Tailgating has been the only part of football that Owen Daniels didn’t experience.
The former Texans tight end started his career as a high school quarterback nearly 20 years ago. And when you’re winning Super Bowls — as Daniels and the Denver Broncos did in 2015 — there’s not much time for pregaming.
Now that Daniels is happily on the sidelines, he’s got some catching up to do.
Enter Jax Grill owner Paul Miller, whose gospel of tailgating follows a three-tier system.
“There’s just throwing drinks in a cooler. And then you’ve got your fold-out grills,” he says. “But a pro-level tailgate rolls out the smoker and the fryer — the works.”
He and wife Doris Miller definitely qualify as professional-grade. They’ve been Texans season suite holders from the beginning, ever since NRG Stadium opened in 2002.
And though the couple cheers on all of Houston’s sports teams, organizing the pre-party before the Texans take the field is more than just tradition, it’s part of their profession.
“Everyone meets up in the suites’ parking lot,” Paul Miller says. “Last week, I saw a trailer with a huge deck, cornhole, Mega Jenga and that new jumbo flip cup game they sell at Dick’s Sporting Goods.”
Like Daniels, Miller was a student athlete. He doubled up on both the wrestling and football teams at Purdue University. That’s where he gleaned the name for one of his restaurants, The Union Kitchen.
“In Purdue’s basement, the bottom level was the (Union) food hall and we always called that ‘the kitchen,’” he says.
When Miller moved to Houston in 2005, he earned his restaurant chops at McCormick & Schmick’s and Grand Lux Café. He and and his wife opened The Union Kitchen in 2010. In 2015, their company, Gr8 Plate Hospitality, bought the two Jax Grill locations, and they’ve been hauling their trailer between Texas A&M University and NRG Stadium to cater tailgates ever since.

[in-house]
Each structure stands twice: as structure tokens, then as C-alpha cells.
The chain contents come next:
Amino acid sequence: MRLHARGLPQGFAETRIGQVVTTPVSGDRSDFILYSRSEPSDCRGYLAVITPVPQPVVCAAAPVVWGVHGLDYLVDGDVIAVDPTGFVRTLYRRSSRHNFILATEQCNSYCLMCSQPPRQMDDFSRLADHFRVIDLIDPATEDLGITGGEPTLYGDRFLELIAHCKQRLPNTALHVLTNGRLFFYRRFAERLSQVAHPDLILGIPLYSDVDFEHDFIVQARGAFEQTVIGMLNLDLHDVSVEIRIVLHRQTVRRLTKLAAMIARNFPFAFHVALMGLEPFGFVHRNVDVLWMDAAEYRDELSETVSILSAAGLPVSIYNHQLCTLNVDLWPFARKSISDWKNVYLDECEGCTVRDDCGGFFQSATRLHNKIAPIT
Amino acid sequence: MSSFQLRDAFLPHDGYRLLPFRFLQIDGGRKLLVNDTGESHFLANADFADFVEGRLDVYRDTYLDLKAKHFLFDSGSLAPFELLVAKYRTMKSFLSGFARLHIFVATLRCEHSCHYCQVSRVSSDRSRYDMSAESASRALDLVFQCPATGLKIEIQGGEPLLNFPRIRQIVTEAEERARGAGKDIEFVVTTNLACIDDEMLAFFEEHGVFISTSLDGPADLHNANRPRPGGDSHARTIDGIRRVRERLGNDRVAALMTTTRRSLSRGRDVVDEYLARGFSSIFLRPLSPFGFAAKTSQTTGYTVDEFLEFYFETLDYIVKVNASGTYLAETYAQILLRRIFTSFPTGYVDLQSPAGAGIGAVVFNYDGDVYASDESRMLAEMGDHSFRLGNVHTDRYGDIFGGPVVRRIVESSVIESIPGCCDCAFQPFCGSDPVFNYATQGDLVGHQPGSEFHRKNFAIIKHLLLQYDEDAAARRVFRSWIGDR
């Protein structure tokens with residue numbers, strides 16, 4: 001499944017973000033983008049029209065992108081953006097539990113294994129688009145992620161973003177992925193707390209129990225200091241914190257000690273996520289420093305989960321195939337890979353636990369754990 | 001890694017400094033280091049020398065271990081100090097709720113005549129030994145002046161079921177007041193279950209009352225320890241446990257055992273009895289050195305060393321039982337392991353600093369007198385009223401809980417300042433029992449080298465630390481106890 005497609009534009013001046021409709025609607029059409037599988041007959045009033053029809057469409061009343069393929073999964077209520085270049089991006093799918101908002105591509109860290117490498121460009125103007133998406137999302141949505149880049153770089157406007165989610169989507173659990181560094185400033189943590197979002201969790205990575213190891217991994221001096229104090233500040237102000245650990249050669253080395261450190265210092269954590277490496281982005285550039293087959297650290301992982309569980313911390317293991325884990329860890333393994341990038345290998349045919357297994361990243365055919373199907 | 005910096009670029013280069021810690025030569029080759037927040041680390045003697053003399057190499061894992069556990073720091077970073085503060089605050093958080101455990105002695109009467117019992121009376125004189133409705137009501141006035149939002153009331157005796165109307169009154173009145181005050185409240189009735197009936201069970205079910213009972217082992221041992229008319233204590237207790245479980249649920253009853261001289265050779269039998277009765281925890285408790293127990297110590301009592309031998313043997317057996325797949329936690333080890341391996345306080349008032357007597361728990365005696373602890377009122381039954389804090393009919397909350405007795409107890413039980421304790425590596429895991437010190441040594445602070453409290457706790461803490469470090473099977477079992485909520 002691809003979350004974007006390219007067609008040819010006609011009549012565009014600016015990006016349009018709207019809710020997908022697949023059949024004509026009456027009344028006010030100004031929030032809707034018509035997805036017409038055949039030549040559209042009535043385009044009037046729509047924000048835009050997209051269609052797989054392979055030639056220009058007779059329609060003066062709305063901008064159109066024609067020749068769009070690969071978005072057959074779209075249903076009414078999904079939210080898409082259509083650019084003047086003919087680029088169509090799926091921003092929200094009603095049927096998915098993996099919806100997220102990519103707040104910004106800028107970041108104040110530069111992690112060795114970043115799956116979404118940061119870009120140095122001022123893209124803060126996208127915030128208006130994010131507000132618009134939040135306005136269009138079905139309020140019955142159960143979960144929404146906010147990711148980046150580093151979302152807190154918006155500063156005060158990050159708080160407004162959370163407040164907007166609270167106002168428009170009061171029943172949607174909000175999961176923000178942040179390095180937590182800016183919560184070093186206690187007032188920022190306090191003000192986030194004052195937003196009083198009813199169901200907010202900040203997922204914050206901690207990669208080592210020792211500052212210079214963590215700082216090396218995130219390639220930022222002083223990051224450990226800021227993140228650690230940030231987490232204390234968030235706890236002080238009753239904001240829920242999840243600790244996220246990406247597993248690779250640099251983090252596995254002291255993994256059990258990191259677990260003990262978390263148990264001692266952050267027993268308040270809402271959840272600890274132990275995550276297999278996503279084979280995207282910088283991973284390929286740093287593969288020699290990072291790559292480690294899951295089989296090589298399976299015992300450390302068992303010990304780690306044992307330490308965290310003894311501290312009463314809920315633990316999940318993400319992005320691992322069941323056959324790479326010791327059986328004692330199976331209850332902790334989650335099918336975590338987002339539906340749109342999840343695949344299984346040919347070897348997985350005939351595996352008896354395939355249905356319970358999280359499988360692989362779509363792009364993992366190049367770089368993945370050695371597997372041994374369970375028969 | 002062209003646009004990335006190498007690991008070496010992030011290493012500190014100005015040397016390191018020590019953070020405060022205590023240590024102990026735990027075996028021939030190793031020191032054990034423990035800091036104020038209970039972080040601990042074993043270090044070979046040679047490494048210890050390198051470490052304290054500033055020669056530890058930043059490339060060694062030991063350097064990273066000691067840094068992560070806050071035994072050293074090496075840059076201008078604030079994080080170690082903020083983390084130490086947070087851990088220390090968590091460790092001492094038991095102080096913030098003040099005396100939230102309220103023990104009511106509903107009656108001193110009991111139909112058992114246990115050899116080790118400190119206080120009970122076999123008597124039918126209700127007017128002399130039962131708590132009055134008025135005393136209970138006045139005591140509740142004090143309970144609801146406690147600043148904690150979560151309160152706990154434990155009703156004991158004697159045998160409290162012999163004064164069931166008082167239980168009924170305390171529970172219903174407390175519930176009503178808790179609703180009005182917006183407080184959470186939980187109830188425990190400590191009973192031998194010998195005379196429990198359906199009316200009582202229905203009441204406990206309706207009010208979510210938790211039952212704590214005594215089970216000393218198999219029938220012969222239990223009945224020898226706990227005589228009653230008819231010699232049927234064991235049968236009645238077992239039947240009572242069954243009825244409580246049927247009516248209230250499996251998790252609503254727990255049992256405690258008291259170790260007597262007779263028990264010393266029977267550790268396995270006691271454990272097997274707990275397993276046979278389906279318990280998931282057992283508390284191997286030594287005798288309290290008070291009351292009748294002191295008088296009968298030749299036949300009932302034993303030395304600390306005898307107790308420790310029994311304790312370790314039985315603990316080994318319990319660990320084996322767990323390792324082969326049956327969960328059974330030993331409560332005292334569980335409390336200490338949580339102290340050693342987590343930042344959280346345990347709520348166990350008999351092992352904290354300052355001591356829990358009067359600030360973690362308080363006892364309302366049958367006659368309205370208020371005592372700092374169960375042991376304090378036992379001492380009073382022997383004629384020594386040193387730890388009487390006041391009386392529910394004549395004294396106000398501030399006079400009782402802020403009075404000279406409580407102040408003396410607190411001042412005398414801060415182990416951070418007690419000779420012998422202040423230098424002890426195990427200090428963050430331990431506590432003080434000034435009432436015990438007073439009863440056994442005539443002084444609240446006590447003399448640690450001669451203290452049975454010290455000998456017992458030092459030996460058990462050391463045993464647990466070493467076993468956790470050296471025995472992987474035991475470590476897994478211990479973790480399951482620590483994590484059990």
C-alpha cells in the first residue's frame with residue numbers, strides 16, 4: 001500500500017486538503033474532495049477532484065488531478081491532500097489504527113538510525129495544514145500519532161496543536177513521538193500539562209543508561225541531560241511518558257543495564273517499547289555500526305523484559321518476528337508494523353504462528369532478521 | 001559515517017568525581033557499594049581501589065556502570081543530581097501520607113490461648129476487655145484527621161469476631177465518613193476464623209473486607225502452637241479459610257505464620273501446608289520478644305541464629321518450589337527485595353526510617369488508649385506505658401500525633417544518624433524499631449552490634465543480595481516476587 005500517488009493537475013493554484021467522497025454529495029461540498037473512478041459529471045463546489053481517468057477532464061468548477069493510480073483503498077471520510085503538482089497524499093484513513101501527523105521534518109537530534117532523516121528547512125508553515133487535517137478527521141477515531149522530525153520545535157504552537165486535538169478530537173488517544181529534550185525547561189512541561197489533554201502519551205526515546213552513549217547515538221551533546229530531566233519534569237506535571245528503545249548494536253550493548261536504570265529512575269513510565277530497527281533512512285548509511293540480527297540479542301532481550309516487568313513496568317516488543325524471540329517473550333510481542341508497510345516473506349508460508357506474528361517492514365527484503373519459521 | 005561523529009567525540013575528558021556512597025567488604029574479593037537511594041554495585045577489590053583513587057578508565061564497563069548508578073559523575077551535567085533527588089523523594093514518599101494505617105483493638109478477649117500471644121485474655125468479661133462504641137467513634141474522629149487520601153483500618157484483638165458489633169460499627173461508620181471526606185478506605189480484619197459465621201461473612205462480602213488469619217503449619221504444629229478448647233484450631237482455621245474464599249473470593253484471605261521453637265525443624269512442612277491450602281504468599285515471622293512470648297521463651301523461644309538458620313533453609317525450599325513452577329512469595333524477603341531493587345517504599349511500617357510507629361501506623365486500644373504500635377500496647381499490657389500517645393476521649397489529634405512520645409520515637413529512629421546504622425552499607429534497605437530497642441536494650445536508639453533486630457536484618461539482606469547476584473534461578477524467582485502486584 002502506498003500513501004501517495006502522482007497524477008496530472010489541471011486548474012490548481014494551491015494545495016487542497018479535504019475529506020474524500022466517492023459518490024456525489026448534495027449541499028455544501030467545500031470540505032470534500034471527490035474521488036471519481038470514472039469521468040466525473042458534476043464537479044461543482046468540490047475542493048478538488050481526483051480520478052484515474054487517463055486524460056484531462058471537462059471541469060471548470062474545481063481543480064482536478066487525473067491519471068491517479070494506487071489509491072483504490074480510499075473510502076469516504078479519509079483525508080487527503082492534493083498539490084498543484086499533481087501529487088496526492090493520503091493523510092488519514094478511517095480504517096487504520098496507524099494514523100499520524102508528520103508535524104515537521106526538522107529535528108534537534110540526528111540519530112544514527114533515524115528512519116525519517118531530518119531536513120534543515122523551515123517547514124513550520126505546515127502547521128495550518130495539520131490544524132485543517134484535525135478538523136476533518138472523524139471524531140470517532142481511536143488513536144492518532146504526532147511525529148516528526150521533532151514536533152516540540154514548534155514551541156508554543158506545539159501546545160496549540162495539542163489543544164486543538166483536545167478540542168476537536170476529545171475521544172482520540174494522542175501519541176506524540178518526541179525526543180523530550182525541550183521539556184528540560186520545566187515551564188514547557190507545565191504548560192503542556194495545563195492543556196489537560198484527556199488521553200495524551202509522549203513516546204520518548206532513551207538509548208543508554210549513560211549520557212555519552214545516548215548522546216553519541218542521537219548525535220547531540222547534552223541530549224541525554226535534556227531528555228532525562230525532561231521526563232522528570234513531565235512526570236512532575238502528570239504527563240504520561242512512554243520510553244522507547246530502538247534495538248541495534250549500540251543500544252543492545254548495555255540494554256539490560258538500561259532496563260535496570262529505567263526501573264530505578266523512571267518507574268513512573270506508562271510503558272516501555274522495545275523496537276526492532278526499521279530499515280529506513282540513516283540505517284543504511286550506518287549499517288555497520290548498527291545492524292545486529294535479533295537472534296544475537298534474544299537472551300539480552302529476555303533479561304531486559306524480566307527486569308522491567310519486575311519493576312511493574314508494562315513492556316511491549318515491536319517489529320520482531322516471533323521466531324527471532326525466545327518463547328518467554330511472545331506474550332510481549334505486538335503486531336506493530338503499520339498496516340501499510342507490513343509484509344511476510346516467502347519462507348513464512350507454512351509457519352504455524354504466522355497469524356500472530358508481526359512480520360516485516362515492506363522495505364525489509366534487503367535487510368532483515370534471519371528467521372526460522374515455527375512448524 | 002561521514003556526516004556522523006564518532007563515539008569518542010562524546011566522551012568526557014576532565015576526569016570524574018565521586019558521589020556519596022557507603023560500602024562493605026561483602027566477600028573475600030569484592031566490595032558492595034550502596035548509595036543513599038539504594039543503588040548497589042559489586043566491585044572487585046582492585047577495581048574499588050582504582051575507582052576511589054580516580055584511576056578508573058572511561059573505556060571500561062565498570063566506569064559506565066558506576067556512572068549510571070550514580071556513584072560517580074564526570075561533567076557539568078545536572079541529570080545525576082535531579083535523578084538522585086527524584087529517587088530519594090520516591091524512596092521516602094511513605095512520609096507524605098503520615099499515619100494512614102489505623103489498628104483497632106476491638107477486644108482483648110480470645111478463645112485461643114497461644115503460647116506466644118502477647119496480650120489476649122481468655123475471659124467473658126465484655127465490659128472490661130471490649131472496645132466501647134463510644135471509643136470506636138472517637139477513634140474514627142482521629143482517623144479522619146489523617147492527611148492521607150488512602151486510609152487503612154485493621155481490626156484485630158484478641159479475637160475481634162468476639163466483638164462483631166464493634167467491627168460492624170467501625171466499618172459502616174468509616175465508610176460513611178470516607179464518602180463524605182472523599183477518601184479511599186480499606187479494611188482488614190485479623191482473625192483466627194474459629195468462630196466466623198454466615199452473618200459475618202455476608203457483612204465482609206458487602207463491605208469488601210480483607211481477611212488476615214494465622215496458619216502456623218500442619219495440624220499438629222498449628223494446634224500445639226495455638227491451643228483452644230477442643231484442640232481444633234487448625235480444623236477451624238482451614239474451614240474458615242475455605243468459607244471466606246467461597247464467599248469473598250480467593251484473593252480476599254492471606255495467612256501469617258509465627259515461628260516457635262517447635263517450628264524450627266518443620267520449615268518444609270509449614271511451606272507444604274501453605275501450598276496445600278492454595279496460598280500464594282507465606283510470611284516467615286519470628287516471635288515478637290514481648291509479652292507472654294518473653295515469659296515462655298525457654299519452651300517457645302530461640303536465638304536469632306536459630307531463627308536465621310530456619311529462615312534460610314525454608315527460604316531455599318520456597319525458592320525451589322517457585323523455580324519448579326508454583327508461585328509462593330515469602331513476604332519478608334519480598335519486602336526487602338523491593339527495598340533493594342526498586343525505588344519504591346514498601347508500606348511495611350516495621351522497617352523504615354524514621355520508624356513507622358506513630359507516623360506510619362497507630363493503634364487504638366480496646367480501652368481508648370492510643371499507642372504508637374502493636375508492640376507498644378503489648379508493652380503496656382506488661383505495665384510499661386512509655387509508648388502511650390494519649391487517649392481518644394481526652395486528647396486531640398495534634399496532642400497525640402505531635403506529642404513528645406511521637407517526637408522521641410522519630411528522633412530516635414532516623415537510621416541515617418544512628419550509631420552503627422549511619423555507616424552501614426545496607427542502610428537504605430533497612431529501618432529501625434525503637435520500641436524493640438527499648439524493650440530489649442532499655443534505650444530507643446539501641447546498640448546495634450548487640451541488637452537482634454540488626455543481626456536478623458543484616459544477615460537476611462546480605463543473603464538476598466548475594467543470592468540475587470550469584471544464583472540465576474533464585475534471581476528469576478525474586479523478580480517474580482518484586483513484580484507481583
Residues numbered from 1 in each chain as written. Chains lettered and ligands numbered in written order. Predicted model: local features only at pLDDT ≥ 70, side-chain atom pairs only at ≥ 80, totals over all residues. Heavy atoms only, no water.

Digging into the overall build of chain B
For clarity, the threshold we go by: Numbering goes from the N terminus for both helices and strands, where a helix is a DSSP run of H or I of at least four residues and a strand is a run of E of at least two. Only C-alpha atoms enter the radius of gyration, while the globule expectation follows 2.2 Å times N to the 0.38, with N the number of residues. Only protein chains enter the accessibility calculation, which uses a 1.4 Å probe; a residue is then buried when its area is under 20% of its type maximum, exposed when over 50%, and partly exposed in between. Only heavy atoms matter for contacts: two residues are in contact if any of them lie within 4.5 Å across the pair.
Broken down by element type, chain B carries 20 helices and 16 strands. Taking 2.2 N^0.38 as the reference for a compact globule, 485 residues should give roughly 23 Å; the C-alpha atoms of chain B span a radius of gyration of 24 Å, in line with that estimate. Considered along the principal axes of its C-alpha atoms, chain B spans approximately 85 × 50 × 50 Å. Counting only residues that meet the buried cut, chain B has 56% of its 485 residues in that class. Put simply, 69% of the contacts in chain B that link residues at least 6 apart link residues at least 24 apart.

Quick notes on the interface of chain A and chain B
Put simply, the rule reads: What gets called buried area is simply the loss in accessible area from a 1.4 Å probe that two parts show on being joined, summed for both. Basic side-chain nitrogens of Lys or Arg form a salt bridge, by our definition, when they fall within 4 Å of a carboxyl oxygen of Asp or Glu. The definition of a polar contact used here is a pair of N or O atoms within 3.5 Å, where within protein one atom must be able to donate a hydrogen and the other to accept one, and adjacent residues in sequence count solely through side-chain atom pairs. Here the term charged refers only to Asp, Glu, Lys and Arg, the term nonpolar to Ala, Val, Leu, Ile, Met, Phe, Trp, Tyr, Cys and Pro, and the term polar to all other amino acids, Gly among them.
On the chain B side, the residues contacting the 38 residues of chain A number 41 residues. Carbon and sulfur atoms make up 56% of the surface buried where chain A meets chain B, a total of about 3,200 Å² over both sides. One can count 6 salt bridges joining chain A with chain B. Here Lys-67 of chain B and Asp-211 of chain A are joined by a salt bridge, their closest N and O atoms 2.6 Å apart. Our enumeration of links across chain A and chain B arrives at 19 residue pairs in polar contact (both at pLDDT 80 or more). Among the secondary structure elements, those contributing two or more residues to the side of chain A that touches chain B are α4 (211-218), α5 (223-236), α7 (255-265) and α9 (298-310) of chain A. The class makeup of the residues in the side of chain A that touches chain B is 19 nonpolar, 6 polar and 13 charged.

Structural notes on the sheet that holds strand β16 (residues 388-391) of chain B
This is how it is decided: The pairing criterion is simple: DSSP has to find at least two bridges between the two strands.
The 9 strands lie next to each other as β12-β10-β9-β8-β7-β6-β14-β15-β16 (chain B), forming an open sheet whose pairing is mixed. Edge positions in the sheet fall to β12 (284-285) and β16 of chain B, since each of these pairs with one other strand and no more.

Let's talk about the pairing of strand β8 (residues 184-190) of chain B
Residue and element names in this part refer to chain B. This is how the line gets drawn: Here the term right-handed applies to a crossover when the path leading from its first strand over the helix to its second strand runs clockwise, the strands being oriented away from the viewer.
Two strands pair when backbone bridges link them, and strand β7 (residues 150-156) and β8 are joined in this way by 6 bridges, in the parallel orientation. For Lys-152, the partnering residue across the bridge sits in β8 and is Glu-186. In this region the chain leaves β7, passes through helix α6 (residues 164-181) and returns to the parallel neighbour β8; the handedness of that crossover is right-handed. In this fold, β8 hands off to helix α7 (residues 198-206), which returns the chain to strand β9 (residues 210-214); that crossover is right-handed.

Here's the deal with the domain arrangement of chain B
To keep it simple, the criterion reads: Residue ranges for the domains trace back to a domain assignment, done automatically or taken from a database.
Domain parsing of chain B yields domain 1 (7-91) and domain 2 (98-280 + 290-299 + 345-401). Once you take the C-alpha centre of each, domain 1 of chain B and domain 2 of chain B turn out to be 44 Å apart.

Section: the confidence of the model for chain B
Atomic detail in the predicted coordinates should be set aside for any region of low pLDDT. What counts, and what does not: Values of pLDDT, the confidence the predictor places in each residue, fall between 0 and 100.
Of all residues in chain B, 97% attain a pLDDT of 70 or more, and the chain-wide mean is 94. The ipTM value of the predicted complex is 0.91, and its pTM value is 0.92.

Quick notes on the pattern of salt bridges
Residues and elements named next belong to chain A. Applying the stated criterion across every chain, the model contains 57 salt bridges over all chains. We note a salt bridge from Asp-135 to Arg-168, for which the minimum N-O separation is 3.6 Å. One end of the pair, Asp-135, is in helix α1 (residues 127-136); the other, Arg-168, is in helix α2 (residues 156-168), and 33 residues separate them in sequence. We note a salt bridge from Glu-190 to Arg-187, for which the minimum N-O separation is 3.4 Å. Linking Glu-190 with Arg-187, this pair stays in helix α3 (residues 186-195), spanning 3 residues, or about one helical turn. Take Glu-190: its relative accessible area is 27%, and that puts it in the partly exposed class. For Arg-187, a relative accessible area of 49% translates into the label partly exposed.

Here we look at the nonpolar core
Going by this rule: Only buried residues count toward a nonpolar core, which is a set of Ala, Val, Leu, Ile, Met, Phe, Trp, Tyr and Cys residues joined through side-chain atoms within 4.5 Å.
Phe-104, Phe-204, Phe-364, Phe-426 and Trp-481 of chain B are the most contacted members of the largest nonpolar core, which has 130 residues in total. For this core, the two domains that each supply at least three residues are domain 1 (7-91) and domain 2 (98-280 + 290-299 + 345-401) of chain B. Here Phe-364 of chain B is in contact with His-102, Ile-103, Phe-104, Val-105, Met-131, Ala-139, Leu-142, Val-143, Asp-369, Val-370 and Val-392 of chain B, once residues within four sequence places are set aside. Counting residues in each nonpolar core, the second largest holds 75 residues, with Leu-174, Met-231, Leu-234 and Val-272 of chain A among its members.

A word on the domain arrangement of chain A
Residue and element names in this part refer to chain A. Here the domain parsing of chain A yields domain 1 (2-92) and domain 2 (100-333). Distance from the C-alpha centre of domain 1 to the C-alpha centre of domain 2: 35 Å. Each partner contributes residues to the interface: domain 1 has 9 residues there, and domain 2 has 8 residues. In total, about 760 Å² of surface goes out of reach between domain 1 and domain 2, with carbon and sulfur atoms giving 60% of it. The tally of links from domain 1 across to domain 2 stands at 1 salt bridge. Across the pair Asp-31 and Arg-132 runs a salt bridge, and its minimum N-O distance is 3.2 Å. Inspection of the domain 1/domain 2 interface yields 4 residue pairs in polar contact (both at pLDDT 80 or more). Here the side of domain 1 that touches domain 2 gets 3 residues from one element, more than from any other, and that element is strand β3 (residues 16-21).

“It’s the largest cocktail party in the world,” Miller says. “I’m amazed at the culture in Texas. People just leave all their stuff out in the parking lot, and when they come back after the game, it’s still there.”
Southern hospitality is the foundation of the Millers’ tailgating strategy. And if you ask them, the cardinal rule of entertaining is never running out.
Naturally, Paul Miller’s solution is a surplus of everything. “People never want to take the last of something. So if you’re going to do it, do it right.”
And because no one wants to work too hard on game day — it’s a party, after all — the Millers recommend pre-batched cocktails that can be poured directly into glasses. That, and ice-cold wine and beer — it’s fail-safe.
Where grub is concerned, heat-and-serve dishes are key. Seasoned hosts prep in advance so they’re not slaving away over a hot stove (er, coals) once guests arrive, which explains why bacon-wrapped sausage, aka voodoo balls, stuffed mushrooms, and Frito Pie macaroni and cheese (winner of Taste of the Texans coveted People’s Choice award) are some of Jax Grill’s most-requested tailgate items. No day-of slicing or dicing required.
Daniels awards the extra point to fare that can be eaten sans utensils.
“Right now, people are into steak and lobster, but you’ve got to have tables and chairs for all of that. It takes away from the actual experience,” he said. “When someone comes up to me with a beer in one hand and food without a plate in the other, that’s goals.”
For Doris Miller, it’s not a proper tailgate without a little sparkle. She purchases the bulk of her Texans décor from Amazon and the Dollar Store, then adds a personal, blinged-out touch with loose stones and a hot-glue gun.
“Everything has to match, from outfit to tabletop,” she says, pointing to her red Kendra Scott earrings, bedazzled football jersey and rhinestone sneakers.
Daniels values atmosphere over aesthetic. “If a stranger can be walking through the parking lot and is handed a cold drink, that’s the kind of tailgate I want to be around — one that’s inclusive.”
But Paul Miller thinks his wife might be right. Details are what separate good tailgates from the great.
“Shade,” he says of his No. 1 tip for a first-class game day. “Always have shade.”
Source: Houston Chronicle